A consultant survey says that HR people have the opportunity to greatly increase their pay these days, but only if they develop the skills that merit such raises.
What level of salary increase is in your company’s plans for the coming year? Probably about 3 percent to 4 percent, if you fall within national averages. Not terrible, but not exactly life-changing either.
Well, how would you feel if we told you that HR people have been seeing their pay bumped up from 9 percent to 22 percent annually? Yes, that’s how we thought you would feel. And yes, we knew the next question you would have is, “how?”
Mercer HR consultant Catherine Hartmann knows the answer, and she was willing to share it in a recent webinar reported on by our sister publication, Best Practices in Compensation & Benefits.
For more information on Best Practices in Compensation & Benefits or to try it at no risk, click here.
“For those professionals heading down the road to corporate leadership,” the newsletter reported, “the salary news is good—very good. Some HR roles are beginning to command salaries at or near the levels of their counterparts in other business segments.”
“A really good compensation analyst is going to cost just as much as a good financial analyst,” Hartmann was quoted as telling her audience.
Some of the raises recorded on a recent Mercer survey of HR professionals:
–Comp & Benefits Administrator: Up 22.2 percent
–Comp & Benefits Director: Up 11.3 percent
–Compensation Director: Up 9.8 percent
–Benefits Director: Up 9.3 percent
In fact, says the Mercer survey, HR executives were among the top five highest-paid employees at 25 percent of the companies responding. In a similar 1999 survey, that figure was only 13 percent.
Of course, there is a catch. Many current HR professionals won’t see that kind of money without seriously upgrading their skill sets, says Hartmann. They need to make the transition, she says, from being “doers” administering programs to “doers and thinkers,” making a strategic contribution to the organization’s future.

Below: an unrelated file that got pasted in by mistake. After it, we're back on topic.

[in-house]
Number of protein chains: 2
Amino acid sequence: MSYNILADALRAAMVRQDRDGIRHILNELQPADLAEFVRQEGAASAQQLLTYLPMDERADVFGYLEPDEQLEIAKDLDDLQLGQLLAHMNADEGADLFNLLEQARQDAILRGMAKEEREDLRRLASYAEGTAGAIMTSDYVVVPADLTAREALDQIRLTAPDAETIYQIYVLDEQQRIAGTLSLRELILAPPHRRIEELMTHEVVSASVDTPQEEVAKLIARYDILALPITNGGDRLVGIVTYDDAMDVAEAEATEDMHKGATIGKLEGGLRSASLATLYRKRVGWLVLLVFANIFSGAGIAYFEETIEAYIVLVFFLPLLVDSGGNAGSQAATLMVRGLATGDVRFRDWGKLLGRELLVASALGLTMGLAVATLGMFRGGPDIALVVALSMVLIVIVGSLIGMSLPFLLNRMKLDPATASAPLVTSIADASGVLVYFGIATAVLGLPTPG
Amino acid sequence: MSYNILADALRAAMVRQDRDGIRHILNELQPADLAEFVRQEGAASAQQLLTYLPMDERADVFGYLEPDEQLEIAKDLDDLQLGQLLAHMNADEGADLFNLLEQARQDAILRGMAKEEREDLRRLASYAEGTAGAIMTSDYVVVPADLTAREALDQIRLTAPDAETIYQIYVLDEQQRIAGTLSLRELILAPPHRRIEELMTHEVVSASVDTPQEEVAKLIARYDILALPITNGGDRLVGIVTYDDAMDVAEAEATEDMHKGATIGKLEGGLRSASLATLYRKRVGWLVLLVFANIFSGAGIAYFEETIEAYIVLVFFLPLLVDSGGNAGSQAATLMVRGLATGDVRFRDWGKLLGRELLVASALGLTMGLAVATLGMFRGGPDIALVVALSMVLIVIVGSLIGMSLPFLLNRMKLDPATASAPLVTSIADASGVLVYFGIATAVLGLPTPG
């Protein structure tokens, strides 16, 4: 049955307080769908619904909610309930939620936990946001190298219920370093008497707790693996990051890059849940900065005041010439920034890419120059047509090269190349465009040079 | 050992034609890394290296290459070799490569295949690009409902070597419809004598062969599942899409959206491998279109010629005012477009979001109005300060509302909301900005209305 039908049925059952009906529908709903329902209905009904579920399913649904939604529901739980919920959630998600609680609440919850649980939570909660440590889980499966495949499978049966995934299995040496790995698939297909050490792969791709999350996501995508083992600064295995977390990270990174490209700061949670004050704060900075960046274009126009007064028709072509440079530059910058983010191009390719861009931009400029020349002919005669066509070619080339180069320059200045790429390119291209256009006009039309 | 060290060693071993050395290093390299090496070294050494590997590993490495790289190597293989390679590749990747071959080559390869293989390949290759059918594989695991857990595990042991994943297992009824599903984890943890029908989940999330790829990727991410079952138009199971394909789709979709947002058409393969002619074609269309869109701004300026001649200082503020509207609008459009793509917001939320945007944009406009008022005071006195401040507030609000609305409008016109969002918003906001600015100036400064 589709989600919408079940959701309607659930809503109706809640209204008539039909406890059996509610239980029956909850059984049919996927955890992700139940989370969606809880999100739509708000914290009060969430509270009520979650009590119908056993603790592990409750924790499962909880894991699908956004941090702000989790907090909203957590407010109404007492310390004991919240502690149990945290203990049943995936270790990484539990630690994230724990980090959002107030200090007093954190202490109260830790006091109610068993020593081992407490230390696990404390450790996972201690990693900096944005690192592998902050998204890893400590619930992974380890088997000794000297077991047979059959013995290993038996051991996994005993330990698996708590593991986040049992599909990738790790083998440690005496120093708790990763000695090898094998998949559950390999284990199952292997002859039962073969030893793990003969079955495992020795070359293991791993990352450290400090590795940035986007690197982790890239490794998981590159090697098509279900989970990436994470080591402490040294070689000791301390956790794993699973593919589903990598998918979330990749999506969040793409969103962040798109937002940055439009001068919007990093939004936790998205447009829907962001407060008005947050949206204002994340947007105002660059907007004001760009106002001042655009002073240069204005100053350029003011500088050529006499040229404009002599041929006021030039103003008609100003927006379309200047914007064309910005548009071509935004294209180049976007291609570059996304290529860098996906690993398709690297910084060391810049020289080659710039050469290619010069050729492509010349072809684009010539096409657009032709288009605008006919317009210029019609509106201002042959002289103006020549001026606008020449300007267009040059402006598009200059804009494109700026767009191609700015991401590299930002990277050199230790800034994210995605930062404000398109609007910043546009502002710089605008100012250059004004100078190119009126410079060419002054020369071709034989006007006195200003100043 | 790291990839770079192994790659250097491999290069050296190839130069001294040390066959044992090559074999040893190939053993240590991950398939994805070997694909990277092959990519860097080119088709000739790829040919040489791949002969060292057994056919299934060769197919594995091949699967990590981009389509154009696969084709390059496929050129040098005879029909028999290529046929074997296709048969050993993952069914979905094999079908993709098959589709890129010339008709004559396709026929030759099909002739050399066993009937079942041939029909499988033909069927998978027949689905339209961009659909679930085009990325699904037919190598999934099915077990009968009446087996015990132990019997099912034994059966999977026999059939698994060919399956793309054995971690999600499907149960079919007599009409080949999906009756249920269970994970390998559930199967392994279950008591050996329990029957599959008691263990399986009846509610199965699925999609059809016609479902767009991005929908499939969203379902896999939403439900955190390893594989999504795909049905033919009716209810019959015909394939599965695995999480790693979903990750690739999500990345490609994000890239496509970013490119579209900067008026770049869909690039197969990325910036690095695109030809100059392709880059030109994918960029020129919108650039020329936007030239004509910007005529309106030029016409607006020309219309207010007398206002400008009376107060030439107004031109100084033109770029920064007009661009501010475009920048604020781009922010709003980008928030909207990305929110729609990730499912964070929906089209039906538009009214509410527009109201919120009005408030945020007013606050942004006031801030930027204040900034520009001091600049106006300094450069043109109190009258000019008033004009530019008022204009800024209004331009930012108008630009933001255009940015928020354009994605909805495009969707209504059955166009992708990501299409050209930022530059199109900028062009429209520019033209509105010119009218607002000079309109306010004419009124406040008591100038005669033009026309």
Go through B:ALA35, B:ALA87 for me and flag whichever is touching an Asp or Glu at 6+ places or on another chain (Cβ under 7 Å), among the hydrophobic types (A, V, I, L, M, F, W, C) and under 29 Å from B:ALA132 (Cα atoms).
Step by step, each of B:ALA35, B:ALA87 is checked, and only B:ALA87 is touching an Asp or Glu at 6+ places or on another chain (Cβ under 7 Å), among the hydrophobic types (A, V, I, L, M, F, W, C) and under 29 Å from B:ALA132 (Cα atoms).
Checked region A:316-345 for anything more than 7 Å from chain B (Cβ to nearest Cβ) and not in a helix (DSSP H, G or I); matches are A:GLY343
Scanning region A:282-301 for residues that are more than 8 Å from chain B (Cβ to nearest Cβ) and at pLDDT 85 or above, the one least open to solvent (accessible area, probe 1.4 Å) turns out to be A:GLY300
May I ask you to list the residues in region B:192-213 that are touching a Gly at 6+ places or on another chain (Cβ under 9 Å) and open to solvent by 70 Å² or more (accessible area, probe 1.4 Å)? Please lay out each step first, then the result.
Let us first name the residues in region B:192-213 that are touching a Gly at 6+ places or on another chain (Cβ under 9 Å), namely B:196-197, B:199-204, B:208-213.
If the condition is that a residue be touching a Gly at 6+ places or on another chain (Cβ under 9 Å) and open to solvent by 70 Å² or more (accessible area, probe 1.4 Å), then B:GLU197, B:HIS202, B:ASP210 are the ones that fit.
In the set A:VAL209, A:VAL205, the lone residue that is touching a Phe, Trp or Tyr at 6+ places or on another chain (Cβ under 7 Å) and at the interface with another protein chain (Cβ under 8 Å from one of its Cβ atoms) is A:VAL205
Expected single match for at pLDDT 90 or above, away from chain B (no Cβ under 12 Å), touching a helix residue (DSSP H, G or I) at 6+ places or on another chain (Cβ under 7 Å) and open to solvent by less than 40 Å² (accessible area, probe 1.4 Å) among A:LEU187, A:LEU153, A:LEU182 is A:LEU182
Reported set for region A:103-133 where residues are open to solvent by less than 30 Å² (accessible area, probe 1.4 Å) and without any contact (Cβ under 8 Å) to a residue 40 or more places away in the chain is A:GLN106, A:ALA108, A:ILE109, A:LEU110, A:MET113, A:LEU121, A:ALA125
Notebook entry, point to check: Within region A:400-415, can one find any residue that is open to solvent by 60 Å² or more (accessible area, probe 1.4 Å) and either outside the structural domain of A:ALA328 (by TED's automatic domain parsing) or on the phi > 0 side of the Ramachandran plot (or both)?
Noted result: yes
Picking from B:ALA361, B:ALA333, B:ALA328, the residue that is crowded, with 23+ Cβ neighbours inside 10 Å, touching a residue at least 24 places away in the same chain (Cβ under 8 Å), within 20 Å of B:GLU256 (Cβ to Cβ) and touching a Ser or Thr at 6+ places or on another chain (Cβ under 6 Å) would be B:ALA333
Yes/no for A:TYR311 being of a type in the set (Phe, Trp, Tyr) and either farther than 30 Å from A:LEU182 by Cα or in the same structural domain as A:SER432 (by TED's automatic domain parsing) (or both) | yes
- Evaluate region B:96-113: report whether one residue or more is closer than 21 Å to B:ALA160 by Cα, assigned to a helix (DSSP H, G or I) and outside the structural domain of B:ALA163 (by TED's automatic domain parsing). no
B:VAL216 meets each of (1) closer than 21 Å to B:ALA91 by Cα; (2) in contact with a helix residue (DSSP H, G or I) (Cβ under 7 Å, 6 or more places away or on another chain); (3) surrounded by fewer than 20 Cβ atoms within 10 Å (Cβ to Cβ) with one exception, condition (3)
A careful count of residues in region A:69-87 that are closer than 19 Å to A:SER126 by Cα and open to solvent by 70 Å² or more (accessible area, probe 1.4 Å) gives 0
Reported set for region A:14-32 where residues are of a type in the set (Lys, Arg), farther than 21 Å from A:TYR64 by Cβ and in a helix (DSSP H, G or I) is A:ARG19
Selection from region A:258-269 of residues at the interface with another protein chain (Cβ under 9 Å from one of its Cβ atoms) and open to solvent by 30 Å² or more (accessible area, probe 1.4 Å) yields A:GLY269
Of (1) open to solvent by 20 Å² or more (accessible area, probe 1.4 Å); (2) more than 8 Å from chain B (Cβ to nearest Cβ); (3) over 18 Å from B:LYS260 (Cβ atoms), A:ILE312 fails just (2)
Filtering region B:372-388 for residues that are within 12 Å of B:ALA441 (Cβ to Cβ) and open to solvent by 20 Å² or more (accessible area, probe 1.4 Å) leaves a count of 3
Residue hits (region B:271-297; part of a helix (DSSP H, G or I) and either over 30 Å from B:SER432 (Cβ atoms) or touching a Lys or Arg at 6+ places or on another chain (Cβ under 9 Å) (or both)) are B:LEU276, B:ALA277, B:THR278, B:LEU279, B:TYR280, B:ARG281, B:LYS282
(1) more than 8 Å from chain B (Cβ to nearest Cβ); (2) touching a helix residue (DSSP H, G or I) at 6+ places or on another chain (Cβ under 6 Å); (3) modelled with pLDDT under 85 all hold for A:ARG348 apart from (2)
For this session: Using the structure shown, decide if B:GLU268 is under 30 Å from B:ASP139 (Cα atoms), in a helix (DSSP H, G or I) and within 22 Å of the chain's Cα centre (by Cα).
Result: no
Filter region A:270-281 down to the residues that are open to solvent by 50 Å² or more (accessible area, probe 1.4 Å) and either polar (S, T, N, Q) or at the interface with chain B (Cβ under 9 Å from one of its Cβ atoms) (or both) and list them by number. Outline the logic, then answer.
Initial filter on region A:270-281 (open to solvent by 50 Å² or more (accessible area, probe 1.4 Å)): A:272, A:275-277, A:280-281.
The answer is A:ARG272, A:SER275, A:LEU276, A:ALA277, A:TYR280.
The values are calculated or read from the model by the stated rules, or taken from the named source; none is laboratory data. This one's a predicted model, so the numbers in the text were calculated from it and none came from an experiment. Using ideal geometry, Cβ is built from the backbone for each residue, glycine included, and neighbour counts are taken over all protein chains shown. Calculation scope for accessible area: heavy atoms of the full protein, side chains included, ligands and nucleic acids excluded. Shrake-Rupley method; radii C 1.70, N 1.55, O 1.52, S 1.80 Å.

Just how much is HR – or most other jobs – paid in your state? Find out at no cost or risk when you try your state’s edition of BLR’s Employee Compensation in [Your State] series. Click for info.
“We are now seeing HR serving as an advisor to corporate governance,” Hartmann says. “Chief human resource officers are being asked to help form strategies to attract, retain, and develop the right people to meet business requirements. They’re also being asked a lot more to help the CEO think through the company’s current and future succession planning.”
She adds that this work includes finding ways to retain the company’s rising stars– who will likely leave unless they see a promising career path clearly before them.
To be able to fulfill this wider role, Hartmann recommends that HR professionals:
–See HR as more than just an administrator of current programs.
–Gain the wider knowledge you’ll need about company finance and operations, perhaps by finding a mentor to help educate you.
–Learn your company’s goals for up to 5 yeas going forward, and then develop plans for how HR can create the comp, benefits, and other programs to find and keep the people who will make these goals happen.
–Train supervisors and line managers on how to recognize star performers and plan career development programs for them.
$$$$$ … ?????
How much do you need to pay to hire and keep the best in your area, without overpaying? The answer is likely in BLR’s Employee Compensation in [Your State] program. It’s published in 43 separate state editions, and 6 updates a year are included. Try it at no cost. Read more.